If you haven’t already opened Spotify and realized to your shock and horror that Taylor Swift’s music is mysteriously missing from the popular online streaming service, the harsh reality is that, yes, Swift and her record label Big Machine Label Group, yanked Swift’s brand-new album 1989 and her entire catalog from Spotify on Tuesday.
“We love Taylor Swift, and our more than 40 million users love her even more – nearly 16 million of them have played her songs in the last 30 days, and she’s on over 19 million playlists. We hope she’ll change her mind and join us in building a new music economy that works for everyone,” Spotify said in an announcement on its blog posted on Tuesday. “We believe fans should be able to listen to music wherever and whenever they want, and that artists have an absolute right to be paid for their work and protected from piracy. That’s why we pay nearly 70% of our revenue back to the music community.”
The streaming service also posted some funny playlists dedicated to Swift that you can check out on the blog post, including one that spells out “Hey Taylor, we wanted to play your amazing love songs and they’re not here right now” in song titles.
Swift has been vocal in the past that artists should be paid for the art they create, a prospect that with Spotify is dubious at best. Many have tried to figure out exactly how much money the streaming service pays artists per stream, to no avail. While it’s hard to determine the exact figure, it’s definitely small. In a Wall Street Journal op-ed earlier this year Swift wrote, “Music is art, and art is important and rare. Important, rare things are valuable. Valuable things should be paid for. It’s my opinion that music should not be free…”
Swift is one of the rare artists popular enough that people really want to hear her album. The debut single “Shake It Off” has been one of the top singles of the year and is currently at No. 2 on the Billboard Hot 100. According to data from Nielsen SoundScan reported by Billboard, 1989 has been the first album of 2014 to sell more than a million copies in its first week on sale. Swift sold 1.287 million records during 1989’s first week on sale despite a genre change for the singer, due to a concentrated media blitz that included a controversial music video for “Shake It Off” and a Diet Coke commercial co-starring lots of kittens. Billboard said that number represents the largest sales week an artist has seen since 2002.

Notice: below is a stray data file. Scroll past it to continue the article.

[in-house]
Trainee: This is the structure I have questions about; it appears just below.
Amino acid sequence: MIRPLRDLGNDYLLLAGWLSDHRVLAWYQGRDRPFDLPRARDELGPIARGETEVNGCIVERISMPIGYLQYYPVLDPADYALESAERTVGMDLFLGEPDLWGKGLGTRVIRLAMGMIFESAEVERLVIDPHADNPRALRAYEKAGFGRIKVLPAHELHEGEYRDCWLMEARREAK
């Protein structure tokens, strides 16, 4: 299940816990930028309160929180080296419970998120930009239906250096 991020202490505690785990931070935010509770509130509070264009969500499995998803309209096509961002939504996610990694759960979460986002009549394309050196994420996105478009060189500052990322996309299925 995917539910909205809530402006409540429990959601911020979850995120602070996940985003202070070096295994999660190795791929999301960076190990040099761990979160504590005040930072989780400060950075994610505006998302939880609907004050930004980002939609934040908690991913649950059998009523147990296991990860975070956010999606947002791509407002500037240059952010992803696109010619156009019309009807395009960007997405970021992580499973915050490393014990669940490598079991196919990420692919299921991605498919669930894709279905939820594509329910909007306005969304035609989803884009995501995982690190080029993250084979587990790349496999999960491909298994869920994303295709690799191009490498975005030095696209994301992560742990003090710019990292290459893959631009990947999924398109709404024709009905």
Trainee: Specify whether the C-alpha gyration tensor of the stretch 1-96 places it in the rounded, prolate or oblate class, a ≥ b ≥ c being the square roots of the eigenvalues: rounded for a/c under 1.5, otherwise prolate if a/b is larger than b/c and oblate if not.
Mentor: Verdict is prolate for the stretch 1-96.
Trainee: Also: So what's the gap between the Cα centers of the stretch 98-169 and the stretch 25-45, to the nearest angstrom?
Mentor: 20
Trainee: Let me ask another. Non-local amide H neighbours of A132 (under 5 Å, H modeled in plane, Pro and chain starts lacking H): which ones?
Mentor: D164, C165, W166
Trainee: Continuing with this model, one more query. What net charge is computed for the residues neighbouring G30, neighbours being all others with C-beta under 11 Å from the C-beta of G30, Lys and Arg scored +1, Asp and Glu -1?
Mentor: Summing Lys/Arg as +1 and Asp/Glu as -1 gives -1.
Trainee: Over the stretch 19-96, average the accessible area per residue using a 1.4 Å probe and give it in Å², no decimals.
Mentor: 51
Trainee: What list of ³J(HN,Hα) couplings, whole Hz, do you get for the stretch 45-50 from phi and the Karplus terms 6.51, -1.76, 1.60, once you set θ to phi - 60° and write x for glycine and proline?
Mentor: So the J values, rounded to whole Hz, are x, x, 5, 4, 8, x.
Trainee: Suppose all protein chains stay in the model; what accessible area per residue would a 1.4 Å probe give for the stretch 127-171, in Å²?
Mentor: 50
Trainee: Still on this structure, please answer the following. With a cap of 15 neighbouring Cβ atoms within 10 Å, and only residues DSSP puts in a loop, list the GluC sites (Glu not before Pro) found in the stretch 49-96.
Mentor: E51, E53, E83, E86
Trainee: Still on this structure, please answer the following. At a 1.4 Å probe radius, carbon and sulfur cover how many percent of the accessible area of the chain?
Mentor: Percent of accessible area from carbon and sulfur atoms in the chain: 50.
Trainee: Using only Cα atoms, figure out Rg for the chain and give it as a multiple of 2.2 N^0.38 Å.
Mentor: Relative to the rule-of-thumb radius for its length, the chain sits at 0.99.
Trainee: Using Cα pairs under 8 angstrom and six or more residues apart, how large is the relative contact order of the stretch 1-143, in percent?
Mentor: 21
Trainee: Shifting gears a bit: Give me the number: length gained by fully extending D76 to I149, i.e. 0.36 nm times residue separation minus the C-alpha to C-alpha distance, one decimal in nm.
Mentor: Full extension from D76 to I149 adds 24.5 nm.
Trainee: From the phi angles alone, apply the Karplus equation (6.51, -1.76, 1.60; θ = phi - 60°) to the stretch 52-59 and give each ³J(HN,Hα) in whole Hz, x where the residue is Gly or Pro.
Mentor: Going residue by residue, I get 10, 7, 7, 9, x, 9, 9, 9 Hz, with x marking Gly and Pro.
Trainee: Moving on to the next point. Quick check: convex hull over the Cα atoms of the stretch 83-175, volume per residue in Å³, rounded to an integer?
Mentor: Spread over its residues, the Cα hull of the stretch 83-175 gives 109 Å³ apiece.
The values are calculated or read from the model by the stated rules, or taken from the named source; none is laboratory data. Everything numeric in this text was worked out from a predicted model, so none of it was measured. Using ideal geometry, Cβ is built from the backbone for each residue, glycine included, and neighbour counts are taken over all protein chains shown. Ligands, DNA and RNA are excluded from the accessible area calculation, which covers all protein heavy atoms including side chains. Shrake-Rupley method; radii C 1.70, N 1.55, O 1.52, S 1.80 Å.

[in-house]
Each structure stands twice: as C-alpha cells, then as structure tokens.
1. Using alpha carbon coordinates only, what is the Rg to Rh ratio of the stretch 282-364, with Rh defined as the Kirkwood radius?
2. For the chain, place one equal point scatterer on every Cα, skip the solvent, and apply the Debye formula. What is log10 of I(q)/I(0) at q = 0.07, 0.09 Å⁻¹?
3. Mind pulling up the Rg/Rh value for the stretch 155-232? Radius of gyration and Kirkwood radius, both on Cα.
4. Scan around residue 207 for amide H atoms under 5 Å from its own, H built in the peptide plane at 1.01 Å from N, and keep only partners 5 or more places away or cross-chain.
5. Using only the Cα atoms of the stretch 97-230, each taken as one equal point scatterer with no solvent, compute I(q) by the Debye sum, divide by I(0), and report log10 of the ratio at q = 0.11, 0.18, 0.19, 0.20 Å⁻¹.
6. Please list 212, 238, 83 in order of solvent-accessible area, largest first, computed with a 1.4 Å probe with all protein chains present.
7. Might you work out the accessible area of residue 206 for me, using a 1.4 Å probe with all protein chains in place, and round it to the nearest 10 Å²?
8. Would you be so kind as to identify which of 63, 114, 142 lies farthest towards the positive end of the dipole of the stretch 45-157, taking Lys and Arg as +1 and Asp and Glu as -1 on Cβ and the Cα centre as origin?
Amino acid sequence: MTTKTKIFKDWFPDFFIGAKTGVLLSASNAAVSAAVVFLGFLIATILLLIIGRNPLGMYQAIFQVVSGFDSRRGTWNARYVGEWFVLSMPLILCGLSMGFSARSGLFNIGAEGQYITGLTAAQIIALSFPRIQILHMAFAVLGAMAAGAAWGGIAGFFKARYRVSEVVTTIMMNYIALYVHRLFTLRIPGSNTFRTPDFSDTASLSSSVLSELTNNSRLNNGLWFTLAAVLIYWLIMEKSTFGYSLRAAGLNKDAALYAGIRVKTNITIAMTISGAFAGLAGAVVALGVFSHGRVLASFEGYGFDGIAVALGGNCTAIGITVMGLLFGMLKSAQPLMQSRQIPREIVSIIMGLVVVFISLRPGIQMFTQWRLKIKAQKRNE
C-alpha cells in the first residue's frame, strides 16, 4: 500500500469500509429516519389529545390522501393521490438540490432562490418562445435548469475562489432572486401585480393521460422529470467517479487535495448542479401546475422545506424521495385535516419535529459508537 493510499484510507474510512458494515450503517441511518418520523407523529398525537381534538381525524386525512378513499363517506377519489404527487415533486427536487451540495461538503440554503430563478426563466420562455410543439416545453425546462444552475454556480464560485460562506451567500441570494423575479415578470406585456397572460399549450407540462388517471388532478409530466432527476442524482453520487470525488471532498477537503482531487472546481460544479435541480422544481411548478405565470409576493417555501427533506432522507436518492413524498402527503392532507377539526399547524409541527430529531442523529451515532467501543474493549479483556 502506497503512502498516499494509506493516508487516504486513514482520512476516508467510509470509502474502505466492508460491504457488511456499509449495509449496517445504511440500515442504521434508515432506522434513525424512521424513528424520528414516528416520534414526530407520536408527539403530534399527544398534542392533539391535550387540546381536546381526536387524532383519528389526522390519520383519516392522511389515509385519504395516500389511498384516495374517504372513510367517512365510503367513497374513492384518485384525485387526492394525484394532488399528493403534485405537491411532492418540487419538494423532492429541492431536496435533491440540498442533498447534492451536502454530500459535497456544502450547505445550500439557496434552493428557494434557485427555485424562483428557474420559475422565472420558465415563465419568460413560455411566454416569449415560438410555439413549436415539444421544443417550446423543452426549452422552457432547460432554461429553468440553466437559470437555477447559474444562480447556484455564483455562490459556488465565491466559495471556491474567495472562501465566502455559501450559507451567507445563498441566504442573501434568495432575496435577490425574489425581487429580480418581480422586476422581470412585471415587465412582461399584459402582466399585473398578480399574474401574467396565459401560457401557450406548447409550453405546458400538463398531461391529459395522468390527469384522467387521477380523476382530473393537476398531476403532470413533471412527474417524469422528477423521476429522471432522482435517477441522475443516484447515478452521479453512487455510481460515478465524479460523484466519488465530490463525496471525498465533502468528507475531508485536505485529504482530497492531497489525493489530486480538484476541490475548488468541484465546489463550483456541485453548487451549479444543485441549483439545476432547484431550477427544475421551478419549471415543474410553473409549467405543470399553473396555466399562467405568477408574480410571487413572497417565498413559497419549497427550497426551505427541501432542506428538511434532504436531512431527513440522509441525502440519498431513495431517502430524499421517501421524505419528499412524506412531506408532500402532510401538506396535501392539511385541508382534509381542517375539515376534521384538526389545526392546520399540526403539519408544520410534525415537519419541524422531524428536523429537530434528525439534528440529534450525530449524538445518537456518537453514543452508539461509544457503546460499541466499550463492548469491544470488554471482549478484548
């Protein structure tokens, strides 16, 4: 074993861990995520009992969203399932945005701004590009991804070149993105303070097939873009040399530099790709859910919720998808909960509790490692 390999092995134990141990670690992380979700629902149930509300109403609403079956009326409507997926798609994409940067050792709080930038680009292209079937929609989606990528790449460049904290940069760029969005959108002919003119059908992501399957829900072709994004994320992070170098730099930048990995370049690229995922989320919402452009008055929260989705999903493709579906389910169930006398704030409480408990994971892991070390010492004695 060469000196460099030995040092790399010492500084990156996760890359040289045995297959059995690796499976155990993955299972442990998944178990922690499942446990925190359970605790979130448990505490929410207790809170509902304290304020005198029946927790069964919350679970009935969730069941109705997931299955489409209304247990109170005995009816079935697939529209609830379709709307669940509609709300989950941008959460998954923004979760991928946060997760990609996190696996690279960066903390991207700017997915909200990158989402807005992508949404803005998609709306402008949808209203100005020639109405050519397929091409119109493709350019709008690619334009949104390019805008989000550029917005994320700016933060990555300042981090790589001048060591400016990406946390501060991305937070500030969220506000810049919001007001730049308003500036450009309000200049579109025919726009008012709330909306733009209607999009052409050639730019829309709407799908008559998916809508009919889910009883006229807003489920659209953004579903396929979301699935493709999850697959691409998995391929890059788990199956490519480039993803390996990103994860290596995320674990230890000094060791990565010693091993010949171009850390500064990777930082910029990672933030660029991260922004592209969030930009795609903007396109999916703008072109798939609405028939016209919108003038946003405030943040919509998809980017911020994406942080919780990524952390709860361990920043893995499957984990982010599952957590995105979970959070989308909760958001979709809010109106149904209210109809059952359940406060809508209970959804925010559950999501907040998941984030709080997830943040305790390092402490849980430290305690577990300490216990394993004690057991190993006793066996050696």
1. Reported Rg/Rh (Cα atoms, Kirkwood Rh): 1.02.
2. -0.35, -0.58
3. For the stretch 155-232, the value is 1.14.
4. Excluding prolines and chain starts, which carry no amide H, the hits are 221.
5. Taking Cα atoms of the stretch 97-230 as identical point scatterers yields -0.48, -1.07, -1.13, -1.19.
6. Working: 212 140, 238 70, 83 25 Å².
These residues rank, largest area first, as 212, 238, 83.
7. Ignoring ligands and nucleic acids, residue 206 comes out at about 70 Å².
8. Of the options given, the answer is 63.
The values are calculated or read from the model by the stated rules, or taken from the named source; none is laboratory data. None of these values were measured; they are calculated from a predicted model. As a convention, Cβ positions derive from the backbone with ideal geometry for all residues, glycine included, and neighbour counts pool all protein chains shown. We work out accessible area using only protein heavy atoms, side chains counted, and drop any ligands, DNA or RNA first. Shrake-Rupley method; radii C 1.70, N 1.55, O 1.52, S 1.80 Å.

Swift is one of the few artists on the planet big enough that removing her music from a prevalent service like Spotify could end up helping her. People obviously want to hear the album badly enough that they’re willing to buy it. Taking the record away from those people who would’ve been content to just stream it on Spotify forces those listeners to make the choice to either pony up for the album or go without. It’s a gamble, but one that Swift is probably going to win on.
What could potentially be damaging for her is not really losing people listening to her record, but damaging her public image. Historically, people don’t respond well to extremely rich celebrities who cry “pay me” to their average-income adoring fans. Back in 2000, the metal band Metallica famously sued the file-sharing service Napster over people using it to illegally download their albums. Metallica won the suit, which eventually resulted in the bankruptcy of Napster, but the band was also famously parodied on an episode of South Park that insinuated the members of group needed more money to build more golden swimming pools for their mansions.
Of course wealthy artists who sell obscene amounts of albums have the most clout to change the music industry for artists who could really use being paid for their stuff streaming on Spotify, but they’re criticized because they aren’t the ones who truly need the money. Swift herself hasn’t publicly commented on the matter, but her response will help determine whether people end up interpreting her decision as righteous or stingy.
Meanwhile, there’s the curious fact that Swift’s tunes are still available on competing streaming services like Beats and Rdio. Some, including Bloomberg, are speculating that she’s nursing an exclusive streaming deal with Apple’s new Beats music streaming service, which would make her a decent chunk of change while embracing the new landscape of a streaming-based music industry.
Follow Jacqueline on Twitter @Jacqui_WSCS
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